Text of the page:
Start The Year Completely Differently - Design Thinking In Education

Updated: Jul 29, 2021

Design thinking is a method that comes from the world of designers. It allows us to rethink teaching and learning in our classrooms.
Designers use design thinking to create innovative objects or services appropriate for the customer within a particular context.

I will briefly describe how design thinking can lead to innovation in school and change learning, teaching, and education!

Design thinking has several stages: empathy, analysis (research), coming up with ideas for change, and examining them in the real world (Pilot). Do they work? Next, we reflect on the experience, followed by some inclusions to close the circle of learning.


I will freely describe the steps we should carry in school contexts in the first lessons of the school year to change any education setting.

1. Empathy

Get to know your students. To encourage empathy, you can boost students to talk about themself openly. Make sure you promote a non-judgmental atmosphere, show genuine interest and aspiration to build classmate relationships.

Sometimes a dialogue with your students about visual representations they created can be appropriate.


2. Analysis

Deepen your knowledge about your students. It is essential to analyze any information, including visual representations, and derive meaning from them (both the teacher and the students).

I recommend analyzing representations built by the students in-depth.

For example, mind maps that students draw to describe their thoughts and perceptions are helpful in the learning process.

Mind maps can depict students' perceptions towards friends, learning, school, and their lives.


3. Ideation

Raise ideas concerning a particular student or group of students- (choose a problem that arises from the analysis of their representations).

For example - how will you make his learning experience this year more tailored for him? Write it all down and share it with colleagues.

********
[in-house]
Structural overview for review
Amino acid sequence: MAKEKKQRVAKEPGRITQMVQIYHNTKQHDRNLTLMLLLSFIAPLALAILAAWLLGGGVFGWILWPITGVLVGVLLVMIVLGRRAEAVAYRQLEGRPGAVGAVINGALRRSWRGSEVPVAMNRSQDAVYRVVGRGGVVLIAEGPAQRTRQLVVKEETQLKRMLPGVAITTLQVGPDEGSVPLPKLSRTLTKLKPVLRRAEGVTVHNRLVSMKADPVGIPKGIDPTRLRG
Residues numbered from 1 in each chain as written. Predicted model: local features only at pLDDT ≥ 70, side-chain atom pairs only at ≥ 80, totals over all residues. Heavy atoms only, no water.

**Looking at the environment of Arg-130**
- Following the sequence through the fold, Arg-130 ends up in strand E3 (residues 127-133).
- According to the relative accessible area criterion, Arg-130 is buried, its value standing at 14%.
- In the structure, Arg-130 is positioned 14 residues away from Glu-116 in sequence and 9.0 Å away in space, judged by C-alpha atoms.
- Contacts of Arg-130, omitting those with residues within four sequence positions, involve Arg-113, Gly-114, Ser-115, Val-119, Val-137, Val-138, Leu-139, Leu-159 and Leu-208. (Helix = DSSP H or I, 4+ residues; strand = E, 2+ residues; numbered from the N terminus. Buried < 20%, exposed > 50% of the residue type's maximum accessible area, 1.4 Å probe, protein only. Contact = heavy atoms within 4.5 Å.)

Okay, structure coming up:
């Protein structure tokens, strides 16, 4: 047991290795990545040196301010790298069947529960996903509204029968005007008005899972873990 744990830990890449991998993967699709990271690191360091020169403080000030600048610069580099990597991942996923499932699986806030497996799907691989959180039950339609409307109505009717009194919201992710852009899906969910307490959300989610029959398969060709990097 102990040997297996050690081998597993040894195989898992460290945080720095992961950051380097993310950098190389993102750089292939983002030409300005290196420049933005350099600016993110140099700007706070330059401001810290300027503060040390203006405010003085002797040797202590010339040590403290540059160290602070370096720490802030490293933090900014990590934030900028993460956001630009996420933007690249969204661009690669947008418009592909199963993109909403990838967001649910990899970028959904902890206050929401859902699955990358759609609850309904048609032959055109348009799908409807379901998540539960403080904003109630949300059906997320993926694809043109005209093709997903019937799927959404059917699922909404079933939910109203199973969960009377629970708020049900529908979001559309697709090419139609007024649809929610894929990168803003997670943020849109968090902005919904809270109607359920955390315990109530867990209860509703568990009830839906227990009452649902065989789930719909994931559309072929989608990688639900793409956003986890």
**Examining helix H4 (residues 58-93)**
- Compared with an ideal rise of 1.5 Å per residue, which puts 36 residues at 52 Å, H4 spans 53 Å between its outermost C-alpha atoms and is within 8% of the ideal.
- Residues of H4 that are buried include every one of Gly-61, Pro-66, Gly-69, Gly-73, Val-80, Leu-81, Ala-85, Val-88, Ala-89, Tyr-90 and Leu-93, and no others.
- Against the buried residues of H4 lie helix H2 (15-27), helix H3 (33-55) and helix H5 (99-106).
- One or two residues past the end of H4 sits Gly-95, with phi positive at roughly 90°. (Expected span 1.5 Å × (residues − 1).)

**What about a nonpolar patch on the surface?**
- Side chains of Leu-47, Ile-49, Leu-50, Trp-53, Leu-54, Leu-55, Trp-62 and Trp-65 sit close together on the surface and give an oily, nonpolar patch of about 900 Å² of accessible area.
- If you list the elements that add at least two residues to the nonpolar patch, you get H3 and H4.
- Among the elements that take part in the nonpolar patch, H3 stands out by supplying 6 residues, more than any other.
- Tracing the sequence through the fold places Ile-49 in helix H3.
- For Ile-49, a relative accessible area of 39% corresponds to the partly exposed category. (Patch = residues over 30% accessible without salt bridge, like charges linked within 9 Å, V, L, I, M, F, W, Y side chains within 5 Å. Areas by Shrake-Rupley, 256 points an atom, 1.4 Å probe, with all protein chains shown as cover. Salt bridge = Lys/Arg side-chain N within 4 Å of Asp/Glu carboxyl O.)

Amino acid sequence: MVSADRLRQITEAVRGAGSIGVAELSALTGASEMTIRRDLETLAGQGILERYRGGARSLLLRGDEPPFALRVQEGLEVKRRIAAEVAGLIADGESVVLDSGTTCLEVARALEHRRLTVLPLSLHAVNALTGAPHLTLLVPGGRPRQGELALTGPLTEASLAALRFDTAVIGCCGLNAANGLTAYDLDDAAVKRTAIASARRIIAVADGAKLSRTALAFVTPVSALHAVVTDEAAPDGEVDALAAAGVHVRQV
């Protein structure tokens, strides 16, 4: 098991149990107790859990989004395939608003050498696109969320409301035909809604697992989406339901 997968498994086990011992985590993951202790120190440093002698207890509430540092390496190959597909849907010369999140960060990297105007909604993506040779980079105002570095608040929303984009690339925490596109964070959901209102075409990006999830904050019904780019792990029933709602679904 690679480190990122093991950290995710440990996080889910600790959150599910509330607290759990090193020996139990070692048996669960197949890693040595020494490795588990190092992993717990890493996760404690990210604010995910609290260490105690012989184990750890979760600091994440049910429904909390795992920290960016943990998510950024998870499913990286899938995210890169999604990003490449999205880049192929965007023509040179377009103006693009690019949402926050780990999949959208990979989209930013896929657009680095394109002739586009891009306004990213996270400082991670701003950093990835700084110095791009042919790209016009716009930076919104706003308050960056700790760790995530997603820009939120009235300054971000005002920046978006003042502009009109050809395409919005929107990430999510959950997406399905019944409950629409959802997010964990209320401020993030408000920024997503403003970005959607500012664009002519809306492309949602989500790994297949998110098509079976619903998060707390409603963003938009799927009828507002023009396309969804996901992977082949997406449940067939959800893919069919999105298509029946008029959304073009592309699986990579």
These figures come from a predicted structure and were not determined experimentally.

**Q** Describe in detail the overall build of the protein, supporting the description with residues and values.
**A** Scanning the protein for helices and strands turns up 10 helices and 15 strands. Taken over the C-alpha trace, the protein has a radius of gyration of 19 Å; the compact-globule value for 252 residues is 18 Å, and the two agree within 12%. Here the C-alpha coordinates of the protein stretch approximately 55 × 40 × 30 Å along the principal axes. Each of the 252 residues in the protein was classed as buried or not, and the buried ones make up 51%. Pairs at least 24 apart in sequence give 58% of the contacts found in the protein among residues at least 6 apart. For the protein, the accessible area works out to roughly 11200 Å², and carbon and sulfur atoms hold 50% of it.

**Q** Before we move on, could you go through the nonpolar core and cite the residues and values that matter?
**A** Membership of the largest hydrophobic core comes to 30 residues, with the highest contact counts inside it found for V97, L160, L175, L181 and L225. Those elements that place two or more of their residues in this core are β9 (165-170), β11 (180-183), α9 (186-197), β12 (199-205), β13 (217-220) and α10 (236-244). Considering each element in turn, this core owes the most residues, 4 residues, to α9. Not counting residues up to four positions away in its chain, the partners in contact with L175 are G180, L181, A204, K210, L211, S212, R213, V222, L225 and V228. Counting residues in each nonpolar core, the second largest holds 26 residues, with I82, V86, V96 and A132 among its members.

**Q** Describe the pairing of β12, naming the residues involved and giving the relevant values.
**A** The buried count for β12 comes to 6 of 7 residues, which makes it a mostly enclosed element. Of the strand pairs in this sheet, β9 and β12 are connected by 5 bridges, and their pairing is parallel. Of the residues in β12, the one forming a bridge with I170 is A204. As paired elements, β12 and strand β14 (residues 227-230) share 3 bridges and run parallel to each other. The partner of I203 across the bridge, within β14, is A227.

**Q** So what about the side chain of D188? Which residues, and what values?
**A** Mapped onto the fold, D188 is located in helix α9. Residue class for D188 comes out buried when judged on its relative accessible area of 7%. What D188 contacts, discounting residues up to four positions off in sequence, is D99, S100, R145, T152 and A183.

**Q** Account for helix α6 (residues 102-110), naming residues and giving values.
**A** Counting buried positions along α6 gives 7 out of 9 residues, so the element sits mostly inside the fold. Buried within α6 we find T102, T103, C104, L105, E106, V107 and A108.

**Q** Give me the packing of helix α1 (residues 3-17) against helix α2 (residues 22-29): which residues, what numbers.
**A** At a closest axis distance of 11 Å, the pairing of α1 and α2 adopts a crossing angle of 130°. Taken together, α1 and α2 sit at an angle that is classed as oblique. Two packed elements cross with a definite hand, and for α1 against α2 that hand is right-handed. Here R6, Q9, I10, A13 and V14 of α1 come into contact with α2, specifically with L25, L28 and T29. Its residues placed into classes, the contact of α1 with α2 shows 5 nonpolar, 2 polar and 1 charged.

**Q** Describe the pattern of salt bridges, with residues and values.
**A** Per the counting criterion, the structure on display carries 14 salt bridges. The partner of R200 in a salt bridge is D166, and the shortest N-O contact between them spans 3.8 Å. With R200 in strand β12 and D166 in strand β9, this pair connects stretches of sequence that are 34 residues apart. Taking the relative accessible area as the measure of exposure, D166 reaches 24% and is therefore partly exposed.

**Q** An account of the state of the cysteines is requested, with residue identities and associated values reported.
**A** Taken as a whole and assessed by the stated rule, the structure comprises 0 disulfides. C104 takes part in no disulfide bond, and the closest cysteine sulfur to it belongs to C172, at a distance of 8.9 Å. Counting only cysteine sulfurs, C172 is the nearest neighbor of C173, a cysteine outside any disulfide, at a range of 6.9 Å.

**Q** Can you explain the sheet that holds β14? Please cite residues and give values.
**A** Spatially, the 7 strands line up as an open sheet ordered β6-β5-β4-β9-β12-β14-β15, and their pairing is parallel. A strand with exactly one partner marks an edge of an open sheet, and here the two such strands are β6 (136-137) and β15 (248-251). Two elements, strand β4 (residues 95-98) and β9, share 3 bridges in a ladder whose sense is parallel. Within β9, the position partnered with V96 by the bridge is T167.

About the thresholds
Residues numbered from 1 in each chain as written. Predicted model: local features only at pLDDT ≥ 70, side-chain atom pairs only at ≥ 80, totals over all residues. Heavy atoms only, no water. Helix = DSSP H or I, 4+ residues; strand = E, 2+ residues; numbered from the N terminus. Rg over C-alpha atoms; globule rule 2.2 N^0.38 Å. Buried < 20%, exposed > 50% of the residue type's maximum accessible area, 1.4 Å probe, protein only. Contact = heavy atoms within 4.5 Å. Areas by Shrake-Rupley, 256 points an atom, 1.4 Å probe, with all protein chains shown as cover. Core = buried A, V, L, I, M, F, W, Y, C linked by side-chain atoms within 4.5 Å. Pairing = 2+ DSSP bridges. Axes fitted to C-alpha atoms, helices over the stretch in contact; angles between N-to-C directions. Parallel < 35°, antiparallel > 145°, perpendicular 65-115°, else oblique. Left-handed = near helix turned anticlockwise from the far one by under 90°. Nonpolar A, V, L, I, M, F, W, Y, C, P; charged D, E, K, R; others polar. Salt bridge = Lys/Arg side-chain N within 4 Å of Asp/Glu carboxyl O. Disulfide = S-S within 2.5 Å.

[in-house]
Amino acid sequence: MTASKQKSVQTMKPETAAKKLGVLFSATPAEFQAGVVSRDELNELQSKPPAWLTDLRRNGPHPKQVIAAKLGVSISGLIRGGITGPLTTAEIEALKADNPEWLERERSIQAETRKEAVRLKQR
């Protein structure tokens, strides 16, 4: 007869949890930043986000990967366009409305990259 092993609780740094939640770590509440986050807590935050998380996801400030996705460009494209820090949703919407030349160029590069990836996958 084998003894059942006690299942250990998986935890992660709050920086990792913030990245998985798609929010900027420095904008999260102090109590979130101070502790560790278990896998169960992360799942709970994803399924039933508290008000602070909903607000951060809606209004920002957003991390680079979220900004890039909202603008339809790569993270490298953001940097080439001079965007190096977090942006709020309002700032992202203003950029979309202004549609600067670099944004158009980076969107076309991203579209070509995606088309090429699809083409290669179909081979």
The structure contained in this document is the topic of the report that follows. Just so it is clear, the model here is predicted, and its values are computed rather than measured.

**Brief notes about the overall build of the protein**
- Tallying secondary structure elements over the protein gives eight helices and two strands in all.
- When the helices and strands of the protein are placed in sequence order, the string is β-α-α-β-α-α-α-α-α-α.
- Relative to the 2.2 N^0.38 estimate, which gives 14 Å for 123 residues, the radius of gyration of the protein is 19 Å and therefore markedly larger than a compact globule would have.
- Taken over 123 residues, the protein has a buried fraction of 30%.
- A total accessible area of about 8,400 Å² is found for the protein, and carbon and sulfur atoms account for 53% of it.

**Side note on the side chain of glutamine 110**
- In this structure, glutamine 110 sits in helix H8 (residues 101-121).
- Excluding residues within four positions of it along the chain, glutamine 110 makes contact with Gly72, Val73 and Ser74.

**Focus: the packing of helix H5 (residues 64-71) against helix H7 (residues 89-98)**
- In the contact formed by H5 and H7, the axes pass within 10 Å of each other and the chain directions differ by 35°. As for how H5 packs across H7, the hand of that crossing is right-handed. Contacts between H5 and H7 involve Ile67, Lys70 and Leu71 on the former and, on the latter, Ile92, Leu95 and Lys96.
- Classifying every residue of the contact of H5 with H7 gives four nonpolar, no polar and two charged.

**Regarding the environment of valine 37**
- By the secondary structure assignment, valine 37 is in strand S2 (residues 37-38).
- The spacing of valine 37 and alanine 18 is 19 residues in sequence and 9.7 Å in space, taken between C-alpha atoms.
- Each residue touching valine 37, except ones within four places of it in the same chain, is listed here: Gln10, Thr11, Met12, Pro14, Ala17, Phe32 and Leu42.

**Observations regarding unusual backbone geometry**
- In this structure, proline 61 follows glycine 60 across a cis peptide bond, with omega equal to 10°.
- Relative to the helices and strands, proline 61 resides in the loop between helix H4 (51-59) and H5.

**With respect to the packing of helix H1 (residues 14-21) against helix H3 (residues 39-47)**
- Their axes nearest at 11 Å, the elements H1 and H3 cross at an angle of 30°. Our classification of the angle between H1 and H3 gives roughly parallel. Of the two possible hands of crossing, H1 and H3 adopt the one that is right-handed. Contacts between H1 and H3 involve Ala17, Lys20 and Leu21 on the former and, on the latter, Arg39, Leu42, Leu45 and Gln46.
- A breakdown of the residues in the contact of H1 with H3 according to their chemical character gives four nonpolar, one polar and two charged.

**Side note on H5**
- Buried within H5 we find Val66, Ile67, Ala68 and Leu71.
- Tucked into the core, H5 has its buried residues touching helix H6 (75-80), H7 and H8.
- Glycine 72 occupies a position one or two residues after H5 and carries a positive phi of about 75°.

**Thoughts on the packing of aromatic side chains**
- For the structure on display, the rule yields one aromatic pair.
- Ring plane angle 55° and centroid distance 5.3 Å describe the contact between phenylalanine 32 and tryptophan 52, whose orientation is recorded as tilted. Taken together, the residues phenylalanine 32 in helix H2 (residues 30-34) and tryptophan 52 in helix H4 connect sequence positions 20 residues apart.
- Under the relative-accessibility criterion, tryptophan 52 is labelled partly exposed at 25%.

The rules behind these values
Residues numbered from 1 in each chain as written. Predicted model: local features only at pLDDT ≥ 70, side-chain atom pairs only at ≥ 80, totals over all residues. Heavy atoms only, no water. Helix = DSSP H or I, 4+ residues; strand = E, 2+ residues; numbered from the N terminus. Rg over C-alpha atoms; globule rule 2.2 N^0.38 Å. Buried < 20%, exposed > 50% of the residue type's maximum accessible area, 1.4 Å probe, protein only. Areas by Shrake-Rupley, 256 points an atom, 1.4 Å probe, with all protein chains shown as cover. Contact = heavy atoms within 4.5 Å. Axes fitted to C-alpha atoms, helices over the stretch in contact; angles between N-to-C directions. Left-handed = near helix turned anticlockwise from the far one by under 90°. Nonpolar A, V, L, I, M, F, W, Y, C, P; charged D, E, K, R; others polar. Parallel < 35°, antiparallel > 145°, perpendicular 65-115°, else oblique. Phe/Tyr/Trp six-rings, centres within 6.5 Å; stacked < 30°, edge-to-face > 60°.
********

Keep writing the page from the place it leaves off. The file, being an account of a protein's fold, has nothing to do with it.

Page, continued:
You can use a variety of tools to come up with ideas.

For example- Take sticky notes in a variety of colors.

Match up with a fellow teacher. In turn, each of you says one idea aloud, writes it, and listens to his colleague's statement.

After 10 minutes (and plenty of ideas), arrange the notes in groups and pick the best ideas together.

Work together to develop a strategy for working with a different student or different parents. Design new solutions to the challenge you encounter in or outside school settings.

4. Pilot

Try one of the ideas you chose and see if it works.

Ask for feedback from students, parents, and test the impact of the actions you took.


5. Reflection

Extract conclusions, improve the strategy following them, and redesign.

Then, check out another idea in the same way.

Share with colleagues and see how experiences change you and your classrooms.


6. Model

A formulated model of the innovative strategy you have developed - at the end of the process, you will be able to present the design to Colleagues. And if you write to me - I would love to post here!


For those interested - a video on Design Thinking in education by Makers Impire.


Learn more: Why Design Thinking Should Be Taught in Primary, Elementary & Middle Schools


Good luck, 21st-century teachers.

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